- Providing regular contact with carers, practitioners, nurses, as well as the patients, to ensure satisfactory medical support is being provided consistently over a period of time
- Monitoring the patient’s sense of wellbeing, including while travelling or during changed circumstances
- Tailoring care to individual needs: whether in person, by telephone, text message or email
What are the responsibilities of a Patient Advocate?
An advocate is not there to make decisions for the patient or their support persons. They merely provide guidance, clarify confusing or overwhelming information, help the affected person through a trying time, suggest alternative options of care, or explore various ways to manage chronic pain or disease.
Unlike a lawyer and advocate cannot provide legal advice. They cannot supplant a Medical Power of Attorney, give financial advice, nor can they replace a next-of-kin.
Are Patient Advocates qualified?
A Patient Advocate will be someone who knows how to navigate the healthcare system in varying capacities. They will understand medical terminology and have the training to relay it in terms understandable to the patient. You could receive advocacy from a retired physician, a nurse, a disease expert, an ex-health insurance employee, and aged care and dementia specialists. In the end, you are determining whether the advocate will suit your needs.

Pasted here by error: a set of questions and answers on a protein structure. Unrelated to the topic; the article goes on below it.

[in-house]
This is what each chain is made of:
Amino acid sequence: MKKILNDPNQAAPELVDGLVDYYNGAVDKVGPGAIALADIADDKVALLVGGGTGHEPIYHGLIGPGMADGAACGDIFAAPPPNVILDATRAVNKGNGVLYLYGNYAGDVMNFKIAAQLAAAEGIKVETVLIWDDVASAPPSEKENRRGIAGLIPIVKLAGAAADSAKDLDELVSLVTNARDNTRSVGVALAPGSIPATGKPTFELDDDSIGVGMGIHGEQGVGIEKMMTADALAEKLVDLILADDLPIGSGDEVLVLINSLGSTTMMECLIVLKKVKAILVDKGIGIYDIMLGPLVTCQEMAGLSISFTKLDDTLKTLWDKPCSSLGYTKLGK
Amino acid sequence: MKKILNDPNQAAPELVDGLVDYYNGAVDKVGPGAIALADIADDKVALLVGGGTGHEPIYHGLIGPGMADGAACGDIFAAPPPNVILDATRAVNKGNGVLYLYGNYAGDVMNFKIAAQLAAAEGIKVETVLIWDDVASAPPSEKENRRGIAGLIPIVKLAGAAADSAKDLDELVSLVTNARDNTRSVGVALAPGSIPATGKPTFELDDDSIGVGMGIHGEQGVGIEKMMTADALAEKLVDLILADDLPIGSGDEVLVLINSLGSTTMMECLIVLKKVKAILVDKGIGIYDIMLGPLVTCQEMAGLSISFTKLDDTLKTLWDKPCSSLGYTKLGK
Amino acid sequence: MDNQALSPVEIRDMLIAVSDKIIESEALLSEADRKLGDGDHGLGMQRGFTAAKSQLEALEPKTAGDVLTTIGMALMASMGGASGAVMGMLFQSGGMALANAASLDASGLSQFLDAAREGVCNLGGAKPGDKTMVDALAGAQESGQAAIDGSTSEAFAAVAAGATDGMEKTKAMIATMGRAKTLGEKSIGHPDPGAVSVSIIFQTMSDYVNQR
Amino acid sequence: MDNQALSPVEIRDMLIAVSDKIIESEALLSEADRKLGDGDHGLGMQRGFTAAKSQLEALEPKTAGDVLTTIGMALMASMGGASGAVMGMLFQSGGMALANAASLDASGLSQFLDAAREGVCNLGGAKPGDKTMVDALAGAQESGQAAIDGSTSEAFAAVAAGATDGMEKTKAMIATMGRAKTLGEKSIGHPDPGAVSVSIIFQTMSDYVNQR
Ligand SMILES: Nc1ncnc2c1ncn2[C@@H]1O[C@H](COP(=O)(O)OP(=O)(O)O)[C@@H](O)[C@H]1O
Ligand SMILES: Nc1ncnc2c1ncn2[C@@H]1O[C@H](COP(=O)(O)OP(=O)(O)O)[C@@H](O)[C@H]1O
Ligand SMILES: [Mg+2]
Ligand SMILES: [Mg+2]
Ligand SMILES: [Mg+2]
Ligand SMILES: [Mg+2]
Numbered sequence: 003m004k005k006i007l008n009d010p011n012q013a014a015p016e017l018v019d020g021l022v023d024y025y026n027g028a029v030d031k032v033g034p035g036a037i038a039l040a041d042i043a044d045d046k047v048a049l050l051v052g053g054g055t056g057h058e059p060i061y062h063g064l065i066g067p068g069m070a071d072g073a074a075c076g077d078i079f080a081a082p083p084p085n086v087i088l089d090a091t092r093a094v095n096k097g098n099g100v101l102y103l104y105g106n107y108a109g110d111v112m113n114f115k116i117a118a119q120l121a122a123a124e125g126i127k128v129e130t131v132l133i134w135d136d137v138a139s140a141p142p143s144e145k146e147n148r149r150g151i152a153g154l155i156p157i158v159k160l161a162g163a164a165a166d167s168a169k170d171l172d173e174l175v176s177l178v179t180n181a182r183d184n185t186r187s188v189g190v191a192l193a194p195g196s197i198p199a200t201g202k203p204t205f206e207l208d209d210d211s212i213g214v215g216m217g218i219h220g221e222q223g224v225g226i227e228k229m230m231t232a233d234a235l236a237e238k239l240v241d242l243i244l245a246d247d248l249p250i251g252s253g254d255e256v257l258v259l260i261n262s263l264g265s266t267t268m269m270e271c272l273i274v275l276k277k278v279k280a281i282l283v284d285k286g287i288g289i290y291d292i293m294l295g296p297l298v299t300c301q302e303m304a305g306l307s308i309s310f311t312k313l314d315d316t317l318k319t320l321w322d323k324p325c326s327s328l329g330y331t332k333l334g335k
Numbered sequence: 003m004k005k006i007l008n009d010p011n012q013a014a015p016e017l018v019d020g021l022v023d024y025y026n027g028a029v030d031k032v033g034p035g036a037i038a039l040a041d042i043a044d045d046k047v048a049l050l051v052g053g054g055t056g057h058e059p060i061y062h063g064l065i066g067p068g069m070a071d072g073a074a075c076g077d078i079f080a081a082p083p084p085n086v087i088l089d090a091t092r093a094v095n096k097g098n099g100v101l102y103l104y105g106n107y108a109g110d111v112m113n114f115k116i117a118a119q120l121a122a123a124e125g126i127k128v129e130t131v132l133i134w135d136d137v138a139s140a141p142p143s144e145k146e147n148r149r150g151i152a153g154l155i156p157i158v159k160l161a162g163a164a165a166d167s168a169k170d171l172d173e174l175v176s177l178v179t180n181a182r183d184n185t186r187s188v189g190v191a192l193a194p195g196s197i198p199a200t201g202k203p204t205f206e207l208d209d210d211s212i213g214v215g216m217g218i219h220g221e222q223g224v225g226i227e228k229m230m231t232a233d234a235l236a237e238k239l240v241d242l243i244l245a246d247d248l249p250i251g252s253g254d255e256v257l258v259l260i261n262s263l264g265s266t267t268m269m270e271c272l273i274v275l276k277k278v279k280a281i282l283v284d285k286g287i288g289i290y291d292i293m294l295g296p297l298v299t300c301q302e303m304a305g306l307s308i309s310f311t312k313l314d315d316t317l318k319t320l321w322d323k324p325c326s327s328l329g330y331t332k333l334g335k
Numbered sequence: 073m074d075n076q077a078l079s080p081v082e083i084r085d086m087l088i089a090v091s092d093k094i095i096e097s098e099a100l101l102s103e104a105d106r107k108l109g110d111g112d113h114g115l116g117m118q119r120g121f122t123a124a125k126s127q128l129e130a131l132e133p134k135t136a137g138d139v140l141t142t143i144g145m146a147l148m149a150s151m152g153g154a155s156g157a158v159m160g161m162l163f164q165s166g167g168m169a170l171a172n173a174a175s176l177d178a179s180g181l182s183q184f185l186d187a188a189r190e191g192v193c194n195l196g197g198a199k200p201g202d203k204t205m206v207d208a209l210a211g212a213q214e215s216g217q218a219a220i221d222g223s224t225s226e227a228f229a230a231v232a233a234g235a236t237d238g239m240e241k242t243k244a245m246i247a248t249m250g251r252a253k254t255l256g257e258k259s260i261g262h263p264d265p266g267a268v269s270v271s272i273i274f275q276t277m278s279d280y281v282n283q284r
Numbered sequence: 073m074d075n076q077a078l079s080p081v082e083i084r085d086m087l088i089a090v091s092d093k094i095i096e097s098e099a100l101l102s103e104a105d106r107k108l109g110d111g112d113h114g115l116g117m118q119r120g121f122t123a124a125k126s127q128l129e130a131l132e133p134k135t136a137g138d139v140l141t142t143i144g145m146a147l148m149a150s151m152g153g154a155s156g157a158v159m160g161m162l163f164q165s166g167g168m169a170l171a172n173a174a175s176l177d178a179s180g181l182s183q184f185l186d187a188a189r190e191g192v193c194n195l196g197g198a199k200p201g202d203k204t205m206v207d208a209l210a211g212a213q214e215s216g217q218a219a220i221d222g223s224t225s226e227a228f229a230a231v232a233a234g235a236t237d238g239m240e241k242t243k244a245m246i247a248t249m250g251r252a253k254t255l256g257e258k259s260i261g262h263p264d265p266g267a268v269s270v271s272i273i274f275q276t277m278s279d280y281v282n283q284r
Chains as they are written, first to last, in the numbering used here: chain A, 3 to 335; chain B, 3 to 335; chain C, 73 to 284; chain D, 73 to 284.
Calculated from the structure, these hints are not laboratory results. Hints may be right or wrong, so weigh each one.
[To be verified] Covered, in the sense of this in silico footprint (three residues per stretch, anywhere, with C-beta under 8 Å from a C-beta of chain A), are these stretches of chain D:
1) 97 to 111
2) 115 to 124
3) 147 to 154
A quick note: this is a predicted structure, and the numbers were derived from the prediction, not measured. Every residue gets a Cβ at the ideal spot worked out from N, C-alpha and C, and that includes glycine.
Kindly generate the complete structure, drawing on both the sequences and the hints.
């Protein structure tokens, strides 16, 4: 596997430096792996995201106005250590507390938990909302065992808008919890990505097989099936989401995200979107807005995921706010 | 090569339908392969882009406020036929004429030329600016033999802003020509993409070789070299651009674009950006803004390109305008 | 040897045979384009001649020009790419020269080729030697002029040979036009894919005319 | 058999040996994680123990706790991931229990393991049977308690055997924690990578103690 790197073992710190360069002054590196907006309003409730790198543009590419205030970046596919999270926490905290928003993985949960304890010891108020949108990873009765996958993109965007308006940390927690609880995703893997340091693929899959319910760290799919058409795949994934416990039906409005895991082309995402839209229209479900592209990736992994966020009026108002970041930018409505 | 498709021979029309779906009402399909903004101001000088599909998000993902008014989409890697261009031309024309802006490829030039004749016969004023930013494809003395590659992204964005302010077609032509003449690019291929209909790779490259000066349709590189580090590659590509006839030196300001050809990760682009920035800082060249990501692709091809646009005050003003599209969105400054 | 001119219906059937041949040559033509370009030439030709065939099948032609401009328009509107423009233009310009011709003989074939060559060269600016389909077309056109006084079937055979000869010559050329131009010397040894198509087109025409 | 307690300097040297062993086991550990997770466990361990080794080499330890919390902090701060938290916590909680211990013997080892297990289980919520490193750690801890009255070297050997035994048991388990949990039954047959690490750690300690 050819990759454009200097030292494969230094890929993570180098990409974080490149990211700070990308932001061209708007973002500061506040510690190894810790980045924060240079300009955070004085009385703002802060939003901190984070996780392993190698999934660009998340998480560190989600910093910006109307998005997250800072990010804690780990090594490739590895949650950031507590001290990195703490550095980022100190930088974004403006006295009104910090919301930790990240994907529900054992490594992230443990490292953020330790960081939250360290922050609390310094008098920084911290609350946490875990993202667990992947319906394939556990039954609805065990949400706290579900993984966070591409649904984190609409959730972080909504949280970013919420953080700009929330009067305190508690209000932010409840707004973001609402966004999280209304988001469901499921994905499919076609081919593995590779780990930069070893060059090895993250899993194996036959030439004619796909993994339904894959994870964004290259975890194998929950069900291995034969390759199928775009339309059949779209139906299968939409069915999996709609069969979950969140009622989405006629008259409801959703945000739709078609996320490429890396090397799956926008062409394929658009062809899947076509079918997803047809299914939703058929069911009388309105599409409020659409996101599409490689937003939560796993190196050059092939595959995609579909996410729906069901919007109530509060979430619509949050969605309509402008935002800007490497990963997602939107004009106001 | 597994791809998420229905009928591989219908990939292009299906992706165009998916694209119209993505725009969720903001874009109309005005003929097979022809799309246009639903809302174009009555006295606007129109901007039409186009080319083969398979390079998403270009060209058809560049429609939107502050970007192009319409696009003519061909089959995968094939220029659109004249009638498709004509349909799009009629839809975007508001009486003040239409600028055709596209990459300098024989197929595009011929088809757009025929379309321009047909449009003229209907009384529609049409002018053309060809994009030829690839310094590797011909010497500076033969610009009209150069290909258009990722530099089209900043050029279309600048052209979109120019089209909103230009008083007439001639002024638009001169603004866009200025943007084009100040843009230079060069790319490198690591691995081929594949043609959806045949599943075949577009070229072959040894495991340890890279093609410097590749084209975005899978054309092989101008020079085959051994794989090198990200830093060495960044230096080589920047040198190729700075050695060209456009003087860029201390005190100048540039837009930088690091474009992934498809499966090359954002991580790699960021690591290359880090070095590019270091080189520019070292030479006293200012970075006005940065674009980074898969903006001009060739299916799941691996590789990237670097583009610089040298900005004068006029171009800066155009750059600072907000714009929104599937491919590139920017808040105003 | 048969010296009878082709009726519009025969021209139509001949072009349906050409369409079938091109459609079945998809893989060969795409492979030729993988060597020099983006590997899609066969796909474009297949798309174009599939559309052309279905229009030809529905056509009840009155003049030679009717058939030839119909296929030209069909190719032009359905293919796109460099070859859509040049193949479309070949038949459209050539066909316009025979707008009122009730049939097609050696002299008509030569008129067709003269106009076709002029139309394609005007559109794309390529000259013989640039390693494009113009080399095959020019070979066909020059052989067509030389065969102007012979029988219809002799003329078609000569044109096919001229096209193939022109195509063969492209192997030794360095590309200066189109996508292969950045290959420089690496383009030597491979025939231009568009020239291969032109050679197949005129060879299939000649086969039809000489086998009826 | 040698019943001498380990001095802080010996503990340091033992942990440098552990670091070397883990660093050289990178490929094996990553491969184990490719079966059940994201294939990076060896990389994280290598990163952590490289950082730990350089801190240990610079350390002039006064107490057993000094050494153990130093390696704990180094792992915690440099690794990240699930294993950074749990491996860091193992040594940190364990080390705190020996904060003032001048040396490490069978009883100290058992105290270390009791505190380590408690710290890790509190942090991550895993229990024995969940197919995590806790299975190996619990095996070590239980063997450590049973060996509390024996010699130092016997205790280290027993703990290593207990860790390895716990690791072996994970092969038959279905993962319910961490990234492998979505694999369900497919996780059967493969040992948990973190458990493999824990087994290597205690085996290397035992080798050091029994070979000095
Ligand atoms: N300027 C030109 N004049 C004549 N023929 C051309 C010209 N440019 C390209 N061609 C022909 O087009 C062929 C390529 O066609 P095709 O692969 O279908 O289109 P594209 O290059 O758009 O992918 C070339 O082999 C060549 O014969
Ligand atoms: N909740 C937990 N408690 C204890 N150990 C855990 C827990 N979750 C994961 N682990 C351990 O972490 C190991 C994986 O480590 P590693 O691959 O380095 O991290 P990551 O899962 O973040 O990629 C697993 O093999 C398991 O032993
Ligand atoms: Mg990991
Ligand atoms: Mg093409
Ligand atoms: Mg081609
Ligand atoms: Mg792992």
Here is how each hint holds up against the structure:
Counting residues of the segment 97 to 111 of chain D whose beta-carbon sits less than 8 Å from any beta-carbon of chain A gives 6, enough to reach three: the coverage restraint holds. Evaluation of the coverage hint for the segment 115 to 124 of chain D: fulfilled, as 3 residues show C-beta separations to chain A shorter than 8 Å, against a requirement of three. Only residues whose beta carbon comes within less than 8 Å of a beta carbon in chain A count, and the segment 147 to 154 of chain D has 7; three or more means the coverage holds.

An interview will help you decide whether you can establish rapport and develop the required level of trust. You can also evaluate whether the cost of services is affordable and valuable to you. Ensure that your advocate support evidence-based care and is not invested in health ideologies that may negatively impact your outcomes
Two common questions answered
When patients feel isolated and overcome by their medical situation, any person who can adequately support them is helpful. Support can come in many forms, and primarily the emotional support is the most beneficial. A patient, more than anything, needs to feel respected, connected and in control, if they have the presence of mind to make decisions. This is supported by the Australian Commission on Safety and Quality Healthcare.
Can a friend of family member be an Advocate?
A loved one, perhaps a partner, a mature child, a parent, a sibling or even a trusted friend can be an advocate. There are also specialised groups for people experiencing particular conditions, which can be profoundly comforting. Any medical information should be provided by a qualified and registered professional.